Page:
Author Topic: Weird fluorescent lamp types  (Read 362 times)
halofosfaatti
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Weird fluorescent lamp types « on: May 12, 2019, 01:01:16 PM » Author: halofosfaatti
T5 lamps usually run on electronic ballasts. Why 4, 6, 8 and 13 watt T5 tubes are commonly used with magnetic ballasts and despite EU energy efficiency regulations, they still come with halophosphate colors? I can not find any information on the Internet... Is there some obscure standard covering these short T5 tubes? Other thing I have wondered is 30 and 15 watt T8/T12 tubes. They seem to have different gas filling and start easily compared to other T8 tubes. Why are just these sizes different? Why datasheets do not tell? Why are these things so obscure? Huh?
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Medved
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Re: Weird fluorescent lamp types « Reply #1 on: May 12, 2019, 11:45:20 PM » Author: Medved
These are "miniature" fluorescents, the only thing they have in common with the modern T5HE OR T5HO is the tube diameter, nothing else.
The miniature are very old designs, their closest relatives are the T12's.
So the regulators see them as "special use only", with very low energy consumption impact and with the market itself strongly pushing them out, so they do not see the need to intervene.
In the US they fall below practically all thresholds ever imposed (light output, power levels,...), so are "flying under the radars", so again no attention.
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halofosfaatti
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Re: Weird fluorescent lamp types « Reply #2 on: May 13, 2019, 02:43:02 AM » Author: halofosfaatti
Ok. Thanks for information. It is still weird that manufacturers do not tell much about these lamp types. I have old fixture using 8 W T5 and the ballast is also suitable for 4 and 6 watt, but there is no info available what the electrical characteristics of the tubes are. I think it is weird that one ballast can run 3 different wattage lamps. Do someone know what the specifications for these tubes are? Do ballast manufacturers just use trial and error when designing ballasts? There need to be specifications somewhere. Even LEDs seem to be less obscure compared to fluorescents...
« Last Edit: May 13, 2019, 02:52:32 AM by halofosfaatti » Logged

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Medved
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Re: Weird fluorescent lamp types « Reply #3 on: May 13, 2019, 04:04:42 AM » Author: Medved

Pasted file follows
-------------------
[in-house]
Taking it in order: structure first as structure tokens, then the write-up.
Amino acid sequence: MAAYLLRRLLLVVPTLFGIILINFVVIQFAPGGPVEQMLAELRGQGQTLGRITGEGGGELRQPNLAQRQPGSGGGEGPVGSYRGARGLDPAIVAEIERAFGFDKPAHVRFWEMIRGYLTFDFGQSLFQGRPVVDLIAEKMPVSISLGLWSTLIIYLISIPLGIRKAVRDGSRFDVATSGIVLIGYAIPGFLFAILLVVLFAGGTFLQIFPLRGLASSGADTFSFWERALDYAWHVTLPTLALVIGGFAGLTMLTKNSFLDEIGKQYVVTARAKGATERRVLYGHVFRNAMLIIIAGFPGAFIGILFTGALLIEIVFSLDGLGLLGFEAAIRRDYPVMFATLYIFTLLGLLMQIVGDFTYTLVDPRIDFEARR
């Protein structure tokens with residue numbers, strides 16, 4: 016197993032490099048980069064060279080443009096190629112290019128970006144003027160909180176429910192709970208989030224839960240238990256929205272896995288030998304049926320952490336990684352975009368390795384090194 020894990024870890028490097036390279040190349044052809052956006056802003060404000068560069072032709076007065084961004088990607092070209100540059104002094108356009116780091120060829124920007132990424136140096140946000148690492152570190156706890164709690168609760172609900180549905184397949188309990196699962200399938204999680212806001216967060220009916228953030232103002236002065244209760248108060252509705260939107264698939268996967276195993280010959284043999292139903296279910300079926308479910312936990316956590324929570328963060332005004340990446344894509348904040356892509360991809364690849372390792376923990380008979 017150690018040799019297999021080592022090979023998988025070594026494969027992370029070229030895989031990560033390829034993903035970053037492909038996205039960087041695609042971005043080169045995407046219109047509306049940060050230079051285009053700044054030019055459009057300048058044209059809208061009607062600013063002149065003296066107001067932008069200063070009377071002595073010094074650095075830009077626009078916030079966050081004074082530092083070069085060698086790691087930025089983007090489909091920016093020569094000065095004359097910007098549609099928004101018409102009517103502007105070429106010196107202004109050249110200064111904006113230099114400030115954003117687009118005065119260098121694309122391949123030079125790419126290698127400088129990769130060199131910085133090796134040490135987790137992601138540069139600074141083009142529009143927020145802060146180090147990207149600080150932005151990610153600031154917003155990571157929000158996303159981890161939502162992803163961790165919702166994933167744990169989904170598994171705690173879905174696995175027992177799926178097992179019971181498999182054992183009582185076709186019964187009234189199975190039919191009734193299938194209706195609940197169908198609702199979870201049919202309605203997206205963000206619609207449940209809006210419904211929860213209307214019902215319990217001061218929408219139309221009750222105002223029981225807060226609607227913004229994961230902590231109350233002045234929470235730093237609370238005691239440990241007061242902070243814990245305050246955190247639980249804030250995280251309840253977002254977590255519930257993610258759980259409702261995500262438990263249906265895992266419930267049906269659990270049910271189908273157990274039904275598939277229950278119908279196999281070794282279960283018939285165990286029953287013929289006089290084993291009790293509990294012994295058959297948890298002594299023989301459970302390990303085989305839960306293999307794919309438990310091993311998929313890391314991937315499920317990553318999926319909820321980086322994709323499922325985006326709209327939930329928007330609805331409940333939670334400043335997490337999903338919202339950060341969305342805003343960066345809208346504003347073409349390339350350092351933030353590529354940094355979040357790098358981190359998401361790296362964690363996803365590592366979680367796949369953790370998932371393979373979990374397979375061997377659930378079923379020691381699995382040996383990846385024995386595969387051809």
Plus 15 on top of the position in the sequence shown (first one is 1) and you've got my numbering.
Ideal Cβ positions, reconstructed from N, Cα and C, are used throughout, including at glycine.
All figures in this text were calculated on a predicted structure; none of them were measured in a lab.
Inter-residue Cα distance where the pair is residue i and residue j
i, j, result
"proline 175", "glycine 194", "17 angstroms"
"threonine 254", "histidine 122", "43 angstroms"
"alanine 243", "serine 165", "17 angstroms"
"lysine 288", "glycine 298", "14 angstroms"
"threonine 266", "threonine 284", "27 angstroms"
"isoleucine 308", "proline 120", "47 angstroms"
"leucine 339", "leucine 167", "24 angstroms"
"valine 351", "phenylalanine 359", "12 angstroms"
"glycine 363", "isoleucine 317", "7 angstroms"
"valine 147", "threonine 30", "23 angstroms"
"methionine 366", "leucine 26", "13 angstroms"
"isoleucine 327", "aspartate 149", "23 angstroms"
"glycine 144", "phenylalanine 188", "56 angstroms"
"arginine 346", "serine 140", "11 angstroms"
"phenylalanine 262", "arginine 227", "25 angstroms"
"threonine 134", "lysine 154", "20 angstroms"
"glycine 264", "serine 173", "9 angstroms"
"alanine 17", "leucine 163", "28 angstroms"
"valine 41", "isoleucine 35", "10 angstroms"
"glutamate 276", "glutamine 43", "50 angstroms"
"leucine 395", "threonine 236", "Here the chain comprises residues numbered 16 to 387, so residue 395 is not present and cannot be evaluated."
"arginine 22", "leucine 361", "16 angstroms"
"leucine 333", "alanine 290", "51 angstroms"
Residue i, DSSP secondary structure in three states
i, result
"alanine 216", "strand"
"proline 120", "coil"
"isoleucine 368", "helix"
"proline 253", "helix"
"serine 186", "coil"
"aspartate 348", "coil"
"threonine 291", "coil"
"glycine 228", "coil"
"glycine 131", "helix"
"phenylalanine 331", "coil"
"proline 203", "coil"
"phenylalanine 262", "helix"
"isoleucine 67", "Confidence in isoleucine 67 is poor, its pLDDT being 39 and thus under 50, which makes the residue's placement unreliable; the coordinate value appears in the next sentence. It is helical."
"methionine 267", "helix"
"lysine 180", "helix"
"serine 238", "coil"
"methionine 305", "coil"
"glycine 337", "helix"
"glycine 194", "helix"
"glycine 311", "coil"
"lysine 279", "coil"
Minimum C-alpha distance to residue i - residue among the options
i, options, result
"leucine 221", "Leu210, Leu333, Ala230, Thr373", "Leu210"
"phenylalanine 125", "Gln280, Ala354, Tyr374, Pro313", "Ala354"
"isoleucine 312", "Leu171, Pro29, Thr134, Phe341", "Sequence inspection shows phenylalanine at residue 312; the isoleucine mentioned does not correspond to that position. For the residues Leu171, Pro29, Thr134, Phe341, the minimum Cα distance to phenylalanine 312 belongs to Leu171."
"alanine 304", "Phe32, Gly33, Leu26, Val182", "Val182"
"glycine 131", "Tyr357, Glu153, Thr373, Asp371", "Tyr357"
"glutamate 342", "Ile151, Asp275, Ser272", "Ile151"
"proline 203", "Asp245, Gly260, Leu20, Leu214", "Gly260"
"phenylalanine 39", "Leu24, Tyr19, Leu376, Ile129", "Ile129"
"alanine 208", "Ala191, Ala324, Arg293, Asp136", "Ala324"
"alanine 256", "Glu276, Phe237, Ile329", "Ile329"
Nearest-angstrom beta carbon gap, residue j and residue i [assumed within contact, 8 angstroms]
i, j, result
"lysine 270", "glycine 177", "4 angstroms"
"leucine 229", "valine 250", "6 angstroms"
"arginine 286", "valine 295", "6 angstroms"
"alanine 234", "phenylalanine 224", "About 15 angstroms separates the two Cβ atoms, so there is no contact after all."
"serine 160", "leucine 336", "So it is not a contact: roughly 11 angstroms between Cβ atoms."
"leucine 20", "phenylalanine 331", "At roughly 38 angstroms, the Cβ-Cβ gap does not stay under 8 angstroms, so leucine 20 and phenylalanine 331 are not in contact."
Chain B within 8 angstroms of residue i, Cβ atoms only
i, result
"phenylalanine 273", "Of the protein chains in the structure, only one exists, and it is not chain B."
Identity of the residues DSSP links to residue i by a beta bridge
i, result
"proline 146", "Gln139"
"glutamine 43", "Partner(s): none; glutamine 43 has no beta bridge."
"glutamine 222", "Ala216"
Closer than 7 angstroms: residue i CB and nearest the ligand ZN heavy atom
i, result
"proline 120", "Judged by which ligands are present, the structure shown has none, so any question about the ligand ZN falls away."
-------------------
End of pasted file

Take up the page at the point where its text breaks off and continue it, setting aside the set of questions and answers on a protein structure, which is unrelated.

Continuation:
I have old fixture using 8 W T5 and the ballast is also suitable for 4 and 6 watt, but there is no info available what the electrical characteristics of the tubes are.

All are of practically the same rated current: 155..170mA (the intention is to have them compatible with a common ballast, where lower wattage, so lower arc voltage leads to a bit higher current).
This current specification was then used with the later nonintegrated CFL (PL-S) of 5..11W, as the wattages were the same range, so using the same ballast was quite convenient (the only exceptions are the US PLS-13W replacing the EUs 11W and then the higher wattages, because the arc voltage would become too high for just a plain series choke in the target market).

So:
F4T5 is 0.17A/28V
F6T5 0.165A/40V
F8T5 0.16A/56V
F13T5 0.15A/96V

The F6T5 is sometimes specified/rated for 0.15A or lower for use in battery operated emergency or camping lanterns, the reason is, it is the type delivering maximum output from input power in the range of 1..3W, the range most of the emergency lanterns operate. The reason for special lamps is the intention to make their lifetime a bit longer by allowing the cathode to heat up a bit more than the standard F6T5, without actually dissipating more power there...
With these the batteries are the way most expensive part, so the design sacrifices the lamp life for the battery runtime.
So instead of using F4T5 at full power (that would require about 5..6W input when counting ballast losses), with F6T5 you are at about 2.5W input (2W into the actual lamp; with the same light output as 5W with F4T5).
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halofosfaatti
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Re: Weird fluorescent lamp types « Reply #4 on: May 13, 2019, 04:45:17 AM » Author: halofosfaatti
Thanks! It is weird that datasheet information is so scarce.
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Re: Weird fluorescent lamp types « Reply #5 on: May 13, 2019, 06:26:13 AM » Author: Medved
Thanks! It is weird that datasheet information is so scarce.

It is in the corresponding IEC standards, so makers need nothing more than specify the compliance with these standards (as such compliance is usually required by laws/codes for consumer products).
Theoretically you may freely buy these publications, but it is not for free, it costs some bucks.
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